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Ferguson Offers Stark Lessons for the Nation on Press and Citizen Freedoms

PHOTO: Many Michiganders have joined the cries of those in Ferguson, Missouri for an end to police brutality, including hundreds who recently gathered in Detroit's Hart Plaza and marched up Woodward Avenue. Photo credit: D. Holland.
PHOTO: Many Michiganders have joined the cries of those in Ferguson, Missouri for an end to police brutality, including hundreds who recently gathered in Detroit's Hart Plaza and marched up Woodward Avenue. Photo credit: D. Holland.
August 19, 2014

DETROIT - As clashes continue on the streets of Ferguson, Missouri, where protesters and reporters have been assaulted, arrested and tear-gassed, many Michiganders are joining the fight as experts caution what happened in Ferguson could happen anywhere.

David Cullier is the president of the Society of Professional Journalists, and he says in cities across the nation every day, journalists are prevented from doing their job because of police who don't understand or don't uphold the freedom of the press.

"This really isn't about the press versus the police," says Cullier. "This is the citizenry versus the police, and we all need to remember that."

Several Detroit-area pastors have traveled to Ferguson to join the protests on-site, while rallies have been held in Detroit's Hart Plaza and on the city's east side, near the site of a police-involved shooting. The Ferguson protests began in reaction to the police shooting of unarmed teenager named Michael Brown.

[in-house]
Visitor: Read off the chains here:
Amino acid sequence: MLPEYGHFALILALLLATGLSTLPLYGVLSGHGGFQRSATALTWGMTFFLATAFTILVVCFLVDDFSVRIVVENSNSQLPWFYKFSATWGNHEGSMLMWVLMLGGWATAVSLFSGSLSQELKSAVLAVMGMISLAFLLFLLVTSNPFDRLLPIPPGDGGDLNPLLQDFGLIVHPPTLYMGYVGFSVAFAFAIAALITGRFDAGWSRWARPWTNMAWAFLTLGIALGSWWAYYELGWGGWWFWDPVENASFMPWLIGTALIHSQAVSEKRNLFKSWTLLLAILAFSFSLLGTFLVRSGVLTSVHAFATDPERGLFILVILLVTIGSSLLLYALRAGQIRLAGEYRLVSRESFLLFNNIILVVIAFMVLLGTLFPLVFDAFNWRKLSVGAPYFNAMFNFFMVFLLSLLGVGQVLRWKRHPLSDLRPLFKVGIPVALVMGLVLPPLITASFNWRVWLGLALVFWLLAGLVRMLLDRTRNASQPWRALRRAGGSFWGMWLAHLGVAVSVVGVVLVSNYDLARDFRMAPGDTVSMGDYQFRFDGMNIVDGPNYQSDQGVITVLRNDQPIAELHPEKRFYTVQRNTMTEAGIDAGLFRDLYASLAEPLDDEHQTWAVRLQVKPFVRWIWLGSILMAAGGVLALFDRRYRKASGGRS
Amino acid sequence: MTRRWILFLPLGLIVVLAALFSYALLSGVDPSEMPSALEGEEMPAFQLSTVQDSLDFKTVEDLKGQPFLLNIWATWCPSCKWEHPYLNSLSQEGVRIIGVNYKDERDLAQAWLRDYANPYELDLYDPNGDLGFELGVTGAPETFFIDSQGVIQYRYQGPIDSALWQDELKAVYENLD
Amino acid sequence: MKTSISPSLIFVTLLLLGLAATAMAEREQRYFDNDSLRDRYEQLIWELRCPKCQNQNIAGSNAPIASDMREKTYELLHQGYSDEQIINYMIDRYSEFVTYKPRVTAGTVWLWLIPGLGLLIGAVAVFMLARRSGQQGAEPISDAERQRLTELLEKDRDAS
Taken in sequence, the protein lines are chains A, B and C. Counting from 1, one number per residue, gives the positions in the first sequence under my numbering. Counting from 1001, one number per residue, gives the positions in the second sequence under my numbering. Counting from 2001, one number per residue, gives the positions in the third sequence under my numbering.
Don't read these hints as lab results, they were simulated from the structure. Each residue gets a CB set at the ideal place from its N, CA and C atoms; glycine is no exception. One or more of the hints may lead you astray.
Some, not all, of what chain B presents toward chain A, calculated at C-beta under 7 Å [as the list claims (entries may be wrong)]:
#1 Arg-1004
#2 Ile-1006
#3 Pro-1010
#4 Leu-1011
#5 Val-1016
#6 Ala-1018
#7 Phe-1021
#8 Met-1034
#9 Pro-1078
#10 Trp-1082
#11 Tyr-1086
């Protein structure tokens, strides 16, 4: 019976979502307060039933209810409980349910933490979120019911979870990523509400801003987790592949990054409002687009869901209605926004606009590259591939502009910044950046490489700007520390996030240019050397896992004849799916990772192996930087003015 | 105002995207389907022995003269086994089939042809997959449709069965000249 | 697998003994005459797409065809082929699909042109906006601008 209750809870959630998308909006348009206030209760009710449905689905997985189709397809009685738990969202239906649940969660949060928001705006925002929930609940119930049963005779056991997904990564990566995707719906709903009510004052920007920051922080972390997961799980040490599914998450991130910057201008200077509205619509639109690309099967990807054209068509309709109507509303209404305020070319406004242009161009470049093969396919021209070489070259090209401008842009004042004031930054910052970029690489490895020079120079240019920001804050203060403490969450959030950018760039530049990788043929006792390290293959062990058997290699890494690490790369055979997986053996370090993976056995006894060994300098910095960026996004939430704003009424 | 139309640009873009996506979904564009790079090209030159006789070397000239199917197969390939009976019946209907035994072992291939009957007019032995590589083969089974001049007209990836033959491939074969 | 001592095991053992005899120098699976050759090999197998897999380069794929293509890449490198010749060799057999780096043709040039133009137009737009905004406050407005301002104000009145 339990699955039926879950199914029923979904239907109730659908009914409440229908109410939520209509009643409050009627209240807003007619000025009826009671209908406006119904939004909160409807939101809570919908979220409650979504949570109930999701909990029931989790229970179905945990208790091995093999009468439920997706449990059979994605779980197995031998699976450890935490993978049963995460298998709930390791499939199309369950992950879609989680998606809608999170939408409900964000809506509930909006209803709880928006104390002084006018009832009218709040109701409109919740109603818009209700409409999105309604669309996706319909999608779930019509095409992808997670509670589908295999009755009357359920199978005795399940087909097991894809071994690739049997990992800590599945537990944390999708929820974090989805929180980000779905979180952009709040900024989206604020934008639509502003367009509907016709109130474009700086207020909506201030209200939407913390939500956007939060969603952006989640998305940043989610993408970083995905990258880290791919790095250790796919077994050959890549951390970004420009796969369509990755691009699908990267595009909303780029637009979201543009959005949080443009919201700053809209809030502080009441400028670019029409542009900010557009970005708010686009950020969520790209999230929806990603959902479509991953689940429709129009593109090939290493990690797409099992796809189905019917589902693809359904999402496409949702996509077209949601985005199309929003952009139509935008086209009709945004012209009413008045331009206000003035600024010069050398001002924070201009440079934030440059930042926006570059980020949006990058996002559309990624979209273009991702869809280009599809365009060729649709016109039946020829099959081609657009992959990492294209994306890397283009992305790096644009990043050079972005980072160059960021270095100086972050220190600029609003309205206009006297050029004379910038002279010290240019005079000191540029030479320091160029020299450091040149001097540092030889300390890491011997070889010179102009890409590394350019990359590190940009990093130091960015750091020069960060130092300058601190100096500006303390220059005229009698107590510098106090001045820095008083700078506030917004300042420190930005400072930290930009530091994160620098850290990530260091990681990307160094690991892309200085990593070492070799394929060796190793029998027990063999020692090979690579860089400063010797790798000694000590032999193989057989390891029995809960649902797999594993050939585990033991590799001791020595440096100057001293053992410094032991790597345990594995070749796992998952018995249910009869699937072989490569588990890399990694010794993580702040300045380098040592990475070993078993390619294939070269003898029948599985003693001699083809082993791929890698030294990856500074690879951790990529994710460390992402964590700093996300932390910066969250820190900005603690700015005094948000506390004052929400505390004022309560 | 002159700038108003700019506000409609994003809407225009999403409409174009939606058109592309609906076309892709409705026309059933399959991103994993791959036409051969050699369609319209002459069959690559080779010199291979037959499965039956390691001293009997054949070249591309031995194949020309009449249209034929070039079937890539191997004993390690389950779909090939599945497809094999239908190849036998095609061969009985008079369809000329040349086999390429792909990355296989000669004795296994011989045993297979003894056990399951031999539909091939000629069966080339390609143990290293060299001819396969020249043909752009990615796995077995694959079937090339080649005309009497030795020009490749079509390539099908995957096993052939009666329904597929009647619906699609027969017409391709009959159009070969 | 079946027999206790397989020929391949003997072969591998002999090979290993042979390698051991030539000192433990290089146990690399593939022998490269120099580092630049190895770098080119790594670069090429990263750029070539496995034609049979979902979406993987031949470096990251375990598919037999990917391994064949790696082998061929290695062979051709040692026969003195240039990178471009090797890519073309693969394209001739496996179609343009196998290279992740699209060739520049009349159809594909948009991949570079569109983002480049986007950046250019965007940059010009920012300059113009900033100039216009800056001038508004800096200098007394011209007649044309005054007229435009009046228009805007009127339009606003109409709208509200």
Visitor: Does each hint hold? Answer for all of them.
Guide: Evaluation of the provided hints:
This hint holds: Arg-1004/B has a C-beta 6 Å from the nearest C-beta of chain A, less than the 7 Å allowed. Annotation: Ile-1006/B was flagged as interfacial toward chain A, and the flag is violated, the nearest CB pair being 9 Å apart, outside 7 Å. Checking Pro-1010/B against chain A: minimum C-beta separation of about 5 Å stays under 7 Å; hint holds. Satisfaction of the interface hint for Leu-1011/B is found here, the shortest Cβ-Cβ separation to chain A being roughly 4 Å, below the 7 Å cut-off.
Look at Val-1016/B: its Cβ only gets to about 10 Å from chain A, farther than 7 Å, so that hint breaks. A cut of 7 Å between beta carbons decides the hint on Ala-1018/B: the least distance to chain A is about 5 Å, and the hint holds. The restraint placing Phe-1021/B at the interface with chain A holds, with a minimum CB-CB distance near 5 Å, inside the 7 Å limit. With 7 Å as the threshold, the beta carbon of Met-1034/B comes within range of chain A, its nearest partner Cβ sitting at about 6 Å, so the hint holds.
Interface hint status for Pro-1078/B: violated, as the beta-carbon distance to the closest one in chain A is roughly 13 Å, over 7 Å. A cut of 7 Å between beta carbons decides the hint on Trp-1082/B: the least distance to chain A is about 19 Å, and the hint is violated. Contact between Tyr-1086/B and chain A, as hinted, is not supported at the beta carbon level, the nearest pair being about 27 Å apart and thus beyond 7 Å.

Cullier says it's not just reporters and camera crews who face this sort of harassment, now that almost every person carries a recording device of some sort.

"That person is likely or possibly going to be equally accosted and arrested by police, their phone taken away, told to delete their images," says Cullier. "The difference is most citizens don't realize they have a right to record events in public."

The Detoit-based group By Any Means Necessary says it will continue to hold nightly vigils in the city to protest police brutality.

As part of the mission to promote the free flow of information, Cullier says his organization has provided training for law enforcement, journalists and citizens in a half dozen communities on the rights and responsibilities for anyone to photograph or take video in public, and has offered to hold such a training in Ferguson.

Mona Shand, Public News Service - MI